Caleb Lauer, Canadian freelance journalist based in Istanbul, wrote in in his Asia Times (Feb. 3, 2010) article, wrote: “Roger W. Smith, a former president of the International Association of Genocide Scholars, wrote in a September 30, 2009 open letter to Armenian President Serzh Sarkisian that genocide scholars have no confidence ‘that a politically organized commission would not compromise historical truth, especially considering the imbalanced power relations between Armenia and Turkey.’ He also argued such a commission would show ‘how easily genocide can be relativized, especially by the powerful.’” 

Cengiz Aktar, a retired United Nations Turkish official and creator of an online “I apologize” proclamation addressed to Armenians and signed by more than 30,000 Turks, said such a commission would have so little credibility, and would be so dysfunctional, it would be simply impracticable. “It is ridiculous to think for even a second that [such a] commission could even meet, let alone decide about anything [historical],” said Aktar.

Any equally weighted, government-run commission, Aktar imagines, would consist of one side of  “denialists” and one side of genocide scholars. “These guys are not capable of even shaking hands,” he said.         

Volkan Vural, retired Turkish ambassador to Moscow (in the final years of the Soviet Union), Germany, Spain, and the EU, in a September 8, 2008 interview with Turkish daily Taraf stated:

“A solution to this problem cannot be found via history alone, because a solution requires overcoming the psychological problems this issue has created among people. A solution requires the creation of a climate of trust in which the two peoples can draw closer with affection and respect and where they can talk to each other with ease. This is not a situation that historians can overcome. The Armenian question is a problem that needs to solved by politicians, not historians. History can only shed light on certain issues and play a role that facilitates a solution. That is all.”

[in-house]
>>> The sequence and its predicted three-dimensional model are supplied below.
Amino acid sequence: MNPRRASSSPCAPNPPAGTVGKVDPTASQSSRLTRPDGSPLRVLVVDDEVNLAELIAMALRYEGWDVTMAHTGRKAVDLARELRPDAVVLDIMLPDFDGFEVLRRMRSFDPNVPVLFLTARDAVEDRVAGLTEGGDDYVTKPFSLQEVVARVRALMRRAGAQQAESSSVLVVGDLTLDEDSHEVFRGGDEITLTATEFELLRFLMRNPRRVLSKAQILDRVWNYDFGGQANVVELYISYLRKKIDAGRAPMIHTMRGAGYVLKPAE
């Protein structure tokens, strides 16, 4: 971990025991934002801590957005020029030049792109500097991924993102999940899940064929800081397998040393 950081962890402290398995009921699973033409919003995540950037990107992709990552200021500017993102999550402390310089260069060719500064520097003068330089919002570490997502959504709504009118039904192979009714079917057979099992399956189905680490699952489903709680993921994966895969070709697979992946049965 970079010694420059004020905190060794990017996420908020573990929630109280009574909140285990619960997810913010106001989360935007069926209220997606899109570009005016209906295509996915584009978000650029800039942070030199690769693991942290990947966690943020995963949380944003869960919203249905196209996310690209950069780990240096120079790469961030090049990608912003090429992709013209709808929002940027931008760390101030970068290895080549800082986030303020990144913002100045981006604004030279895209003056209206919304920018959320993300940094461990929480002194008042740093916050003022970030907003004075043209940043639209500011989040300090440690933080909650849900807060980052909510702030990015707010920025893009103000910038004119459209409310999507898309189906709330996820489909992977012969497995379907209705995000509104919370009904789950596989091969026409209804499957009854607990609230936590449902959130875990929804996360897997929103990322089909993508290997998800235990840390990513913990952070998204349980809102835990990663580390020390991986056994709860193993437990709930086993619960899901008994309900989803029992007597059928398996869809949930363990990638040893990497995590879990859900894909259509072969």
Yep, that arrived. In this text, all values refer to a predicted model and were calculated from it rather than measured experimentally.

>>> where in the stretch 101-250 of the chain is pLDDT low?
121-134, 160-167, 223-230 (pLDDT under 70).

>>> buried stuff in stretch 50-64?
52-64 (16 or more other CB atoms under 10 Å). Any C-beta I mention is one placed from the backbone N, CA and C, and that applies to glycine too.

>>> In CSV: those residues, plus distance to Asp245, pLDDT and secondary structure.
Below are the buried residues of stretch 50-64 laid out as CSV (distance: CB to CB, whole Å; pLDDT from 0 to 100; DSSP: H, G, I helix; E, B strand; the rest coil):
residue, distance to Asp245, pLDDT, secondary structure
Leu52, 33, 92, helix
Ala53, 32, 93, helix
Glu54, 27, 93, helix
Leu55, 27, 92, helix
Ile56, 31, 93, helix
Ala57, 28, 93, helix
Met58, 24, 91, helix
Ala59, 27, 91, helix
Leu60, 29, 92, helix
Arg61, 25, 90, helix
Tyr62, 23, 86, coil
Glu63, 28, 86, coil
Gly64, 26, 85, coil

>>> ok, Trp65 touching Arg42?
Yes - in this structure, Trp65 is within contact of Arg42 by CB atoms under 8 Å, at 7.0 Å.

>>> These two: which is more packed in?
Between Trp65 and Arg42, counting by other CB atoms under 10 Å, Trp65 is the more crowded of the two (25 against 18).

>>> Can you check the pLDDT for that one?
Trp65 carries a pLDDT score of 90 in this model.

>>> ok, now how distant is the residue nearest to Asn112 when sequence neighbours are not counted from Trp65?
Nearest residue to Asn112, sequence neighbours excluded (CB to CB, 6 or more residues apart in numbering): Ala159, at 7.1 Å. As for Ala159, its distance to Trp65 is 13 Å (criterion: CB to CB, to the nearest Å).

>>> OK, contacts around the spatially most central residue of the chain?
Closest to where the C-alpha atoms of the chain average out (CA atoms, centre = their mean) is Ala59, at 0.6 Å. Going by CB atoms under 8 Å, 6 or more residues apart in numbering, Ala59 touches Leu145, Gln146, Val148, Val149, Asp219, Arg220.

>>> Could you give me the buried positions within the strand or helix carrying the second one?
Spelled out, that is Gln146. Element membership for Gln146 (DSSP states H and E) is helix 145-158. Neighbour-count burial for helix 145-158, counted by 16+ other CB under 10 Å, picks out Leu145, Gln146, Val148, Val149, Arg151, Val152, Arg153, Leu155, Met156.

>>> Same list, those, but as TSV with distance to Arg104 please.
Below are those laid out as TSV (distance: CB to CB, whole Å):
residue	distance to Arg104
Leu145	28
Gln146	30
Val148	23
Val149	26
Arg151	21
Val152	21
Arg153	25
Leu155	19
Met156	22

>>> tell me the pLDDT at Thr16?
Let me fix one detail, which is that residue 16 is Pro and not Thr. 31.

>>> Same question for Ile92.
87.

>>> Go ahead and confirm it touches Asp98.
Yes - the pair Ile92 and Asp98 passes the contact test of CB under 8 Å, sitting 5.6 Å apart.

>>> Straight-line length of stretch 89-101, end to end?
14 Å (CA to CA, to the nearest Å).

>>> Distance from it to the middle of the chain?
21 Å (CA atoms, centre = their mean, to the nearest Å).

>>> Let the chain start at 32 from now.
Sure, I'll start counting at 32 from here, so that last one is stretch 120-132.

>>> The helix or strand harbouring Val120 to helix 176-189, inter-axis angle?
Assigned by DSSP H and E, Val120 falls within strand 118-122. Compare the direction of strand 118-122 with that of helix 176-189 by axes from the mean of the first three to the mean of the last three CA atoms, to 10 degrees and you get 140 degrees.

Furthermore, numerous attempts have been made by the Armenian government and the Armenian Diaspora to engage in dialogue with the Turkish government. These attempts have failed because of the Turkey’s intransigent and unreasonable conditions. The Turkish Armenian Reconciliation Commission (TARC) is a prime example. Turkish and Armenian members of TARC agreed to submit the arbitration of the Armenian Genocide issue to a third party—the International Centre for Transitional Justice (ICTJ). When ICTJ’s report concluded that what happened to the Armenians in Ottoman Turkey was a classic case of genocide and fulfilled four out of five conditions set by the UN Genocide Convention, the Turkish government pulled the plug on TARC by asking its Turkish members to withdraw from the commission. 

More recently, the Foreign Affairs Committee of Armenia’s Parliament organized a conference in the Armenian Parliament on Turkish-Armenian relations. Among the invitees were Professors Yusuf Halacoglu (president of Turkish Historical Society), Sedat Laciner (director of Turkey's International Strategic Research Institute), former Turkish Ambassador Omer Engin Lutem (head of the Armenian Studies Institute of the Eurasian Strategic Research Center), Turkey’s Foreign Minister Ali Babacan, and Dr. Can Paker (Turkey’s special representative for relations with the European Union). None of the Turkish invitees attended the important and unique conference. The Turkish side missed a golden opportunity to meet Armenian politicians, historians and scholars to discuss relations between the two neighboring nations.

The Speaker of the Armenian Parliament Tigran Torosian voiced his concern that Turkey’s decision not to participate in the discussions would not contribute to the dialogue between the two nations. The last attempt by the Armenian government to reach out to the Turkish government took place when the Armenian President invited the Turkish President to watch a soccer qualifying game in Yerevan (September 6, 2008). Hence “football diplomacy” was launched with the culmination of the signing of two Protocols on October 10, 2009 to normalize the relationship between the two countries and open the border which was closed illegally by Turkey in 1992.

Immediately after the signing of the Protocols, the Turkish Government started setting preconditions and new demands to ratify the Protocols and open the border. It was very obvious that the Turkish government was not sincere in its efforts to normalize its relation with Armenia. Furthermore, the Turkish government’s intention was to deceive the international community and stop the Armenian Genocide recognitions momentum. It was a ploy to discourage President Obama from using the word “genocide” in his annual commemoration statement, and to facilitate Turkey’s admission to the European Union (EU), since open borders is one of the key prerequisites for EU membership.